Since 1979, the party’s old-timers had warned anyone who would listen about capitalism’s boom-and-bust nature and its polarizing tendencies. They had bitterly decried the toxic cultural by-products of bourgeois liberalization. In the 1990s, when their prophecy appeared, at least in some measure, to be coming true, their voices were barely audible and China’s dream to enter WTO, a distant dream.
Zhu Rongji: China’s New Economic Czar
By the mid-1990s, most of the revolutionary ‘immortals’ of the Long March generation, including Chen Yun, Peng Zhen and Wang Zhen, had died. With China now seemingly perched precariously on an overheated, inflationary economic bubble, it was unclear just how, or when, or with what results, the bubble might burst.
To prevent a sudden rupture and to achieve a soft landing, Vice-Premier Zhu Rongji, China’s new economic czar, unveiled in July of 1993 a 16-point program designed to curtail credit, to limit new investment, to reduce inflation, and to generally cool down China’s overheated economy. Just one year after stepping on the accelerator of reform, Zhu now began applying the brakes.
This is a transcript from the video series The Fall and Rise of China. Watch it now, on Wondrium.
Restructuring China’s Banking System
Energetically attacking China’s economic ills on a number of fronts, Zhu Rongji took on the daunting task of restructuring China’s chronically dysfunctional banking system. Under the fiscal and administrative decentralization measures introduced just a year earlier, local branch managers of the People’s Bank of China had indulged in an inflationary epidemic of binge lending, which resulted in a huge increase in non-performing loans.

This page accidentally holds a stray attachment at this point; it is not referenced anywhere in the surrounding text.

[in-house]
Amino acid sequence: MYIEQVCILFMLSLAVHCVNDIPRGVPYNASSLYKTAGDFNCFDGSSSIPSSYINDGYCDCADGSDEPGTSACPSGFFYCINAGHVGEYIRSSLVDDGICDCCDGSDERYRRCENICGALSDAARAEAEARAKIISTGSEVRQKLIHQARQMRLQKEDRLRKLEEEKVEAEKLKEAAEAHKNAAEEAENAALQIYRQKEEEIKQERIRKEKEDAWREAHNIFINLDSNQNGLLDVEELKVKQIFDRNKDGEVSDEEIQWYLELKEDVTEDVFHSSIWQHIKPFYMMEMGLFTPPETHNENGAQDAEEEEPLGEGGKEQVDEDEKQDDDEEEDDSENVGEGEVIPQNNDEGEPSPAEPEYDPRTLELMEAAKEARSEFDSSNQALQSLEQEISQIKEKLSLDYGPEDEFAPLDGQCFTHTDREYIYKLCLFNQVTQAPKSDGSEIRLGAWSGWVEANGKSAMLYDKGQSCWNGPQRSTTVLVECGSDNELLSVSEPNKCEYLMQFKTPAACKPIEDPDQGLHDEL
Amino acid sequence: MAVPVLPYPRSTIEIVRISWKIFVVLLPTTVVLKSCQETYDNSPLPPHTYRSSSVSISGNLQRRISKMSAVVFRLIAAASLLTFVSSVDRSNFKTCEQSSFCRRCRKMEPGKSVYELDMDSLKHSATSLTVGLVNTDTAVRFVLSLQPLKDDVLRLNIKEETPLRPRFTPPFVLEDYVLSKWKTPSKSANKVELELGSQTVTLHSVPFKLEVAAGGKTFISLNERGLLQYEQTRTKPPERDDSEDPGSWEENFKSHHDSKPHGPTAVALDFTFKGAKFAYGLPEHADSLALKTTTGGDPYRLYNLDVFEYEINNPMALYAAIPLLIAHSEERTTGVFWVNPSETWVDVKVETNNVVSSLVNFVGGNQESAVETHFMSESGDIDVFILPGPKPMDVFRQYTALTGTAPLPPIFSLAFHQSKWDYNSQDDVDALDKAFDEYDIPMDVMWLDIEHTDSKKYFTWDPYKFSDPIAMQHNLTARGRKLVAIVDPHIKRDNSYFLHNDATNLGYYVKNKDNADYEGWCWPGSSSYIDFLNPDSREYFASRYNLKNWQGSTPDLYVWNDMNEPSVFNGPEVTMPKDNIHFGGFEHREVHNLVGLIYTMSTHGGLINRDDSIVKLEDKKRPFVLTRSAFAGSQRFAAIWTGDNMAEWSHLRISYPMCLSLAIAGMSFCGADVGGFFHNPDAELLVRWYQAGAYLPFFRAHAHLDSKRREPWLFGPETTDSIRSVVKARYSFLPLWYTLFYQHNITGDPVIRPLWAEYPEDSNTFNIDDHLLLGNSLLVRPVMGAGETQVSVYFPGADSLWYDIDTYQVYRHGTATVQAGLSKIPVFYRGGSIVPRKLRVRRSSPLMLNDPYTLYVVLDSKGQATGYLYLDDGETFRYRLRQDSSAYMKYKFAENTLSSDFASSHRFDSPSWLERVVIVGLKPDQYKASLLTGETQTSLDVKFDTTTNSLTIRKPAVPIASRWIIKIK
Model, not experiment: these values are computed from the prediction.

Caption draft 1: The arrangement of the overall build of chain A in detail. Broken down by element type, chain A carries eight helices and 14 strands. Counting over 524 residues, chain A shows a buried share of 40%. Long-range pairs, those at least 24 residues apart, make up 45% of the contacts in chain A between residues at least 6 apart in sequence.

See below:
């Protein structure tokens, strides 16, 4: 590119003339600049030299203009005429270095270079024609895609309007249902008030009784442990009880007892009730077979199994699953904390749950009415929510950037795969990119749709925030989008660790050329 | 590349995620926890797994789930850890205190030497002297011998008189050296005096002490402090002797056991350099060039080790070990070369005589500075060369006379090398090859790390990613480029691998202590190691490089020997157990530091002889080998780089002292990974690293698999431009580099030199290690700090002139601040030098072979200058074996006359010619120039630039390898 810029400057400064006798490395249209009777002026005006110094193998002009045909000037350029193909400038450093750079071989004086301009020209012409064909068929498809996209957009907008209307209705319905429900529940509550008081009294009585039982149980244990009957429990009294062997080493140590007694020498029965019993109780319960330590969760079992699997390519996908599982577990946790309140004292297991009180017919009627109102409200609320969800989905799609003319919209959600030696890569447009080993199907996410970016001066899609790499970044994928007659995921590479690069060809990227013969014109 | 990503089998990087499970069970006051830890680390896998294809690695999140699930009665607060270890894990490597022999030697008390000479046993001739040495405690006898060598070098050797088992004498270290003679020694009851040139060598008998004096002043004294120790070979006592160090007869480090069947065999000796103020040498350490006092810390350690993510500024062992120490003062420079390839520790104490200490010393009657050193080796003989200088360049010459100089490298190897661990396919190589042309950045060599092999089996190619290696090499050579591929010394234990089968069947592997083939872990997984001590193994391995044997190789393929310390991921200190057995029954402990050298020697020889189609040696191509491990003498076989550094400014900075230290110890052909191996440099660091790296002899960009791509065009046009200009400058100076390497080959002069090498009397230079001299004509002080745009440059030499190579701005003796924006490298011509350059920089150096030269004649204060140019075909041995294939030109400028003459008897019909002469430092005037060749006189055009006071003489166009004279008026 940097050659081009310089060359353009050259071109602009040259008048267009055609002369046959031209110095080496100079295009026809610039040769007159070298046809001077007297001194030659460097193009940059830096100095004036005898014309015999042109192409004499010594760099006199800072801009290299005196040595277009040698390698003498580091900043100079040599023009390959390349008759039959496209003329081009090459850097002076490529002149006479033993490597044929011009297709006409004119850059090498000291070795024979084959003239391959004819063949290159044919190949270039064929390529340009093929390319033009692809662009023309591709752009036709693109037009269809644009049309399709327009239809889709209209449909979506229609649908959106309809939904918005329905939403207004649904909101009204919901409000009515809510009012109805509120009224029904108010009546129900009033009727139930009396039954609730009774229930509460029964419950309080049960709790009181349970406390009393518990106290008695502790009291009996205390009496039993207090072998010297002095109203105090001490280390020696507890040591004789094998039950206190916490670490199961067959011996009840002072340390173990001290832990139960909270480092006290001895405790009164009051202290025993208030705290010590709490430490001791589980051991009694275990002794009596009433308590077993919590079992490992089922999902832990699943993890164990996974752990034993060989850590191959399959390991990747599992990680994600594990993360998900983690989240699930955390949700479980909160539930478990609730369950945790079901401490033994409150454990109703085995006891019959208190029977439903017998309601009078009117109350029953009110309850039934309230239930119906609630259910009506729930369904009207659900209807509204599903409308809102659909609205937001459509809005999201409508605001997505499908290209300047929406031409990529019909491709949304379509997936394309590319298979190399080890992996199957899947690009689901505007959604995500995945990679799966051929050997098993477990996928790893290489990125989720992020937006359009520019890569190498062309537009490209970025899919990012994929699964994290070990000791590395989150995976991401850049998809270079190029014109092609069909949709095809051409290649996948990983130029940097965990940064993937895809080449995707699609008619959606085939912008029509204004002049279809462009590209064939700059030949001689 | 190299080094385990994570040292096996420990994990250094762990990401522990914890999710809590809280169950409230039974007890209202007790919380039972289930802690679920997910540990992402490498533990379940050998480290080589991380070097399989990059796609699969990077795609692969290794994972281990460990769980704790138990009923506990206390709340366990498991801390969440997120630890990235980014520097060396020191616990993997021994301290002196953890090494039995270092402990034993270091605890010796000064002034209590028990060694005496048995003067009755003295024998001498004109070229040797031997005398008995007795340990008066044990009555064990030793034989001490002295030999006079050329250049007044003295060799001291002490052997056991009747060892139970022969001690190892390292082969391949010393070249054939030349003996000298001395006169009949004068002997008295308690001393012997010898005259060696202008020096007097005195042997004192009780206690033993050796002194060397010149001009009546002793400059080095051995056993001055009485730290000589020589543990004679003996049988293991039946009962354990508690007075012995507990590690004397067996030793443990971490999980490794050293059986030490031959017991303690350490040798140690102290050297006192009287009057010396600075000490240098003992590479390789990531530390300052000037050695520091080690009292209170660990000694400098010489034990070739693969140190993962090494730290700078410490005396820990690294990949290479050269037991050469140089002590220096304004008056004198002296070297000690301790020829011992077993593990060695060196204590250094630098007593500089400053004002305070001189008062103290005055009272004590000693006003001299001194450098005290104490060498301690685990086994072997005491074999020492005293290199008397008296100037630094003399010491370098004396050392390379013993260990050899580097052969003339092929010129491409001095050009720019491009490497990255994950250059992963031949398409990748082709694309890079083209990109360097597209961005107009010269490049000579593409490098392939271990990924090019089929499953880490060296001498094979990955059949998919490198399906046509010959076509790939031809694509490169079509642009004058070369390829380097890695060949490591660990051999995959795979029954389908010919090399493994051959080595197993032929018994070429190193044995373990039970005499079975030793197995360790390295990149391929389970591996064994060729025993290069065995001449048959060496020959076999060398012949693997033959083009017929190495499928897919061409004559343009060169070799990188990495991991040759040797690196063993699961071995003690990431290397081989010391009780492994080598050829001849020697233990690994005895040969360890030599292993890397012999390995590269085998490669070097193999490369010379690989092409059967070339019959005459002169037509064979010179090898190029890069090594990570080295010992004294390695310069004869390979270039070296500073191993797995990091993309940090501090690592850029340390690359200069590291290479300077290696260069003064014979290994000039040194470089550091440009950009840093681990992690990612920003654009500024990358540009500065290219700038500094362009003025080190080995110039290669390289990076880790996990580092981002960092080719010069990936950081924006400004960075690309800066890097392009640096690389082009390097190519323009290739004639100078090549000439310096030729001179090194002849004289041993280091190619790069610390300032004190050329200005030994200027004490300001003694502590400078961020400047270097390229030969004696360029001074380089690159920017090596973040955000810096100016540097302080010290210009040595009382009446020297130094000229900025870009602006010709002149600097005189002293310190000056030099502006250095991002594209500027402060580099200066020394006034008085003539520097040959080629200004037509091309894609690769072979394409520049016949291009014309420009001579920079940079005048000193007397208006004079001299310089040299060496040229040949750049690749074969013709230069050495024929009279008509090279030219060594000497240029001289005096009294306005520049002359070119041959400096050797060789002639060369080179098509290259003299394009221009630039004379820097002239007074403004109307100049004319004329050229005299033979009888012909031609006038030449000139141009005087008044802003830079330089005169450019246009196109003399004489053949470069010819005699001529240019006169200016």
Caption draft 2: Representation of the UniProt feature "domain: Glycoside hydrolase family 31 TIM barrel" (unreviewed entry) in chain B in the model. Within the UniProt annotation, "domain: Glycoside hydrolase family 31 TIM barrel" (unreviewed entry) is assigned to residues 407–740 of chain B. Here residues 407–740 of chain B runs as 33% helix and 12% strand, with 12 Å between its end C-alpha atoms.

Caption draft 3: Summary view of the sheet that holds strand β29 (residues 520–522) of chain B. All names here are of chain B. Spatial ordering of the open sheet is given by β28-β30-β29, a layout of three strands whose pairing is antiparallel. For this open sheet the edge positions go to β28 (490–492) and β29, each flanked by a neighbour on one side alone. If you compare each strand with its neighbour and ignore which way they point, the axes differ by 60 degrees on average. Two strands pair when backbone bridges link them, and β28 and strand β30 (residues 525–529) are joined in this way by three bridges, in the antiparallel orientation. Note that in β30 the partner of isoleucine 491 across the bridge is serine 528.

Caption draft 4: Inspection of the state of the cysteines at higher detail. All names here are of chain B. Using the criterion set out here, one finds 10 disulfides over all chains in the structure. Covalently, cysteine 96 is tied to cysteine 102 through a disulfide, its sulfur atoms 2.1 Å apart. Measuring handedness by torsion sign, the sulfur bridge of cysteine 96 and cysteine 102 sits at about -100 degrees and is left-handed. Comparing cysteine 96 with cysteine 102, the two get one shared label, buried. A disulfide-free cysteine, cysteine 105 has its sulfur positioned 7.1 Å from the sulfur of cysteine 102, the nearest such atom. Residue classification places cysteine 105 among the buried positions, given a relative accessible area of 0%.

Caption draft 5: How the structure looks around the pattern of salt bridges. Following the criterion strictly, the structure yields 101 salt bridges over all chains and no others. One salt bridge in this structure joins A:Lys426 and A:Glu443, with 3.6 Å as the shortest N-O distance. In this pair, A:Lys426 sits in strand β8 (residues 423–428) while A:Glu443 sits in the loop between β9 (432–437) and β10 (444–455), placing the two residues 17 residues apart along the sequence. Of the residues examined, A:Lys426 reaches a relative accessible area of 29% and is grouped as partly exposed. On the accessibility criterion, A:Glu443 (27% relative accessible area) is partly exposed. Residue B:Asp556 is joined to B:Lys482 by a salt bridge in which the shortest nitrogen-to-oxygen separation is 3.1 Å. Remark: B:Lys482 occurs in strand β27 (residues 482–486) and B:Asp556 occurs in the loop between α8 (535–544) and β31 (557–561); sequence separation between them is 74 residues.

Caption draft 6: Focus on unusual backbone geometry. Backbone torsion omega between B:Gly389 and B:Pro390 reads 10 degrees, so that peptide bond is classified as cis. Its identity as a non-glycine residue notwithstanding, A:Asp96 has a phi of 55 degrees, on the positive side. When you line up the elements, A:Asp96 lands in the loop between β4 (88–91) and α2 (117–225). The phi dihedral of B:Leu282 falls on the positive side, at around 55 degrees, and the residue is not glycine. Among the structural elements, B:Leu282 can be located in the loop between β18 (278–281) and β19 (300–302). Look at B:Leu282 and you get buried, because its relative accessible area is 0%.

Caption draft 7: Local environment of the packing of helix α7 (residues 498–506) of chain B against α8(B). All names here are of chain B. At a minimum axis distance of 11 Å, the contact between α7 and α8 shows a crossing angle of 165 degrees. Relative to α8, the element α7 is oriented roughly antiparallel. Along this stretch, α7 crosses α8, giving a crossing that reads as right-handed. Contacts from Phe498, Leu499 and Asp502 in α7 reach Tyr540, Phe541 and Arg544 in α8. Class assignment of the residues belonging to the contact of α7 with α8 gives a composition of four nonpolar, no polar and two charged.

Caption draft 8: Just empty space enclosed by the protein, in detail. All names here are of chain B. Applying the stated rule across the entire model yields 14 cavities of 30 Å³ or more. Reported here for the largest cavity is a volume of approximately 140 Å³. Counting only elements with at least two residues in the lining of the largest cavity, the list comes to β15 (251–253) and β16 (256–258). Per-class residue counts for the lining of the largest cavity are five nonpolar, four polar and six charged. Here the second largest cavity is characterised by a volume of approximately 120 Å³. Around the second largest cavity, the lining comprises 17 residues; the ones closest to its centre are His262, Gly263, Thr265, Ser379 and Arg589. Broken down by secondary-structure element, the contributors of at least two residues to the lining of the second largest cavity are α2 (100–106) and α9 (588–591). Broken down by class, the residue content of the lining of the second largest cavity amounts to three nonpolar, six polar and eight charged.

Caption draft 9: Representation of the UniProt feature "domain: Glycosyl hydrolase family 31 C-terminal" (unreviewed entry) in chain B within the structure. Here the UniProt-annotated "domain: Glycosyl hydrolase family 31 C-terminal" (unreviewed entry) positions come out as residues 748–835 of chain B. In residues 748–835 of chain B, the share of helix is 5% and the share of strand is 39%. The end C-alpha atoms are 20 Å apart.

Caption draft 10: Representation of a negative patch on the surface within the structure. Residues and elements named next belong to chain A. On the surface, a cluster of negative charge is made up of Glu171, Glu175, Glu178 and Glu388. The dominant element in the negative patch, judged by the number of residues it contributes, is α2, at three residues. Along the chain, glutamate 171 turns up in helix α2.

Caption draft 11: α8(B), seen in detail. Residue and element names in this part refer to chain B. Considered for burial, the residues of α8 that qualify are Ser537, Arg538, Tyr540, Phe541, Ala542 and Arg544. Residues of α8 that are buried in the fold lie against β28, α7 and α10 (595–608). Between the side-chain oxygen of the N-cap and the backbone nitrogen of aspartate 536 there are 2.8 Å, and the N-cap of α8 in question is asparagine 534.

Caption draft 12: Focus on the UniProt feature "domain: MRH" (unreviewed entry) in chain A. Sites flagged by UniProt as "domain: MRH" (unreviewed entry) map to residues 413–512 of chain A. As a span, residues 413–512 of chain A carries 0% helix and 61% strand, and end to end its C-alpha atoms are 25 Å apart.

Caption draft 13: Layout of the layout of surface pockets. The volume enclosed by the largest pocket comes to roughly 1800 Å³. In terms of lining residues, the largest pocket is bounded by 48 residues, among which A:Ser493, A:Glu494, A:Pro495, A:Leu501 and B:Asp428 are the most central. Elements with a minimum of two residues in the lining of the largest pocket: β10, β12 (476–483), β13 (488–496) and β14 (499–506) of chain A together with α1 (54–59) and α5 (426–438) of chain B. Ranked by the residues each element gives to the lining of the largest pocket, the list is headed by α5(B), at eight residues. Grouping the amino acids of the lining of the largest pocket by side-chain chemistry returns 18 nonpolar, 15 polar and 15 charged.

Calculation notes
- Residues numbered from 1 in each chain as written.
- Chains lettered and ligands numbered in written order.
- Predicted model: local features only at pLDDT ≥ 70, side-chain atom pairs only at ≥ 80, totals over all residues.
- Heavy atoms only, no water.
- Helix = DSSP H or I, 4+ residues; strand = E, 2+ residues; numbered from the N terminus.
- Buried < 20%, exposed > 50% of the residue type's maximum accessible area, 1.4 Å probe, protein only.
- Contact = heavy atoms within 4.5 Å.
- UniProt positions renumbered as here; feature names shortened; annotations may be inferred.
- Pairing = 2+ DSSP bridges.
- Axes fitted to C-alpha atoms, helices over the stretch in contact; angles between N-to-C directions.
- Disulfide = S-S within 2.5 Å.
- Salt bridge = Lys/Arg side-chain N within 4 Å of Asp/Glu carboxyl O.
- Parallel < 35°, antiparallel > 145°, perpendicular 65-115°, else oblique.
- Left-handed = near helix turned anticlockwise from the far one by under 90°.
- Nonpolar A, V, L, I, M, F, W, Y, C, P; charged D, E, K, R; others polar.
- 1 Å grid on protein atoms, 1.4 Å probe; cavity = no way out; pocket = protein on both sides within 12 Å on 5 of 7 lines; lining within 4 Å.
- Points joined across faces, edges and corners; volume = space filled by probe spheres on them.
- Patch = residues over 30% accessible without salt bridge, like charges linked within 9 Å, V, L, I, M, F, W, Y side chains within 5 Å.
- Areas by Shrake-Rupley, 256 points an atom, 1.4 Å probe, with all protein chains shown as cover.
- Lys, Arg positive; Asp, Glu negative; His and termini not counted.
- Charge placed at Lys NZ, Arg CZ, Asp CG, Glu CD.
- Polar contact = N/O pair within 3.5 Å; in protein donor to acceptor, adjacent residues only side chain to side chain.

To resolve the problem, Zhu Rongji sacked the bank’s governor and personally took over the job himself. Then he brought in a team of technocrats to reorganize the bank and reform its lending practices.
Under the old system, branch managers could make unsecured loans to local governments and SOEs [State Owned Enterprises] at preferential, sub-market interest rates, without collateral and without performing due diligence. As a result, by 1994, non-performing loans, or NPLs, had mushroomed to the unprecedented level of $200 billion, equivalent to almost 25 percent of China’s total GDP.
Under Zhu Rongji’s banking reforms, the central bank would now set interest rates and margin requirements, and local branch managers would be held personally accountable for all loans issued within their jurisdiction.
Learn more about China’s economic landscape.
Uniform National Taxation System
To increase the central government’s dwindling share of total fiscal revenues, Zhu Rongji also introduced a new uniform national taxation system. The system had two key features: a 17 percent value-added tax on all manufactured goods, and a new revenue-sharing program that empowered the central government to collect 60 percent of the province’s total commercial tax revenues right off the top, leaving the provinces and localities to split the remaining 40 percent.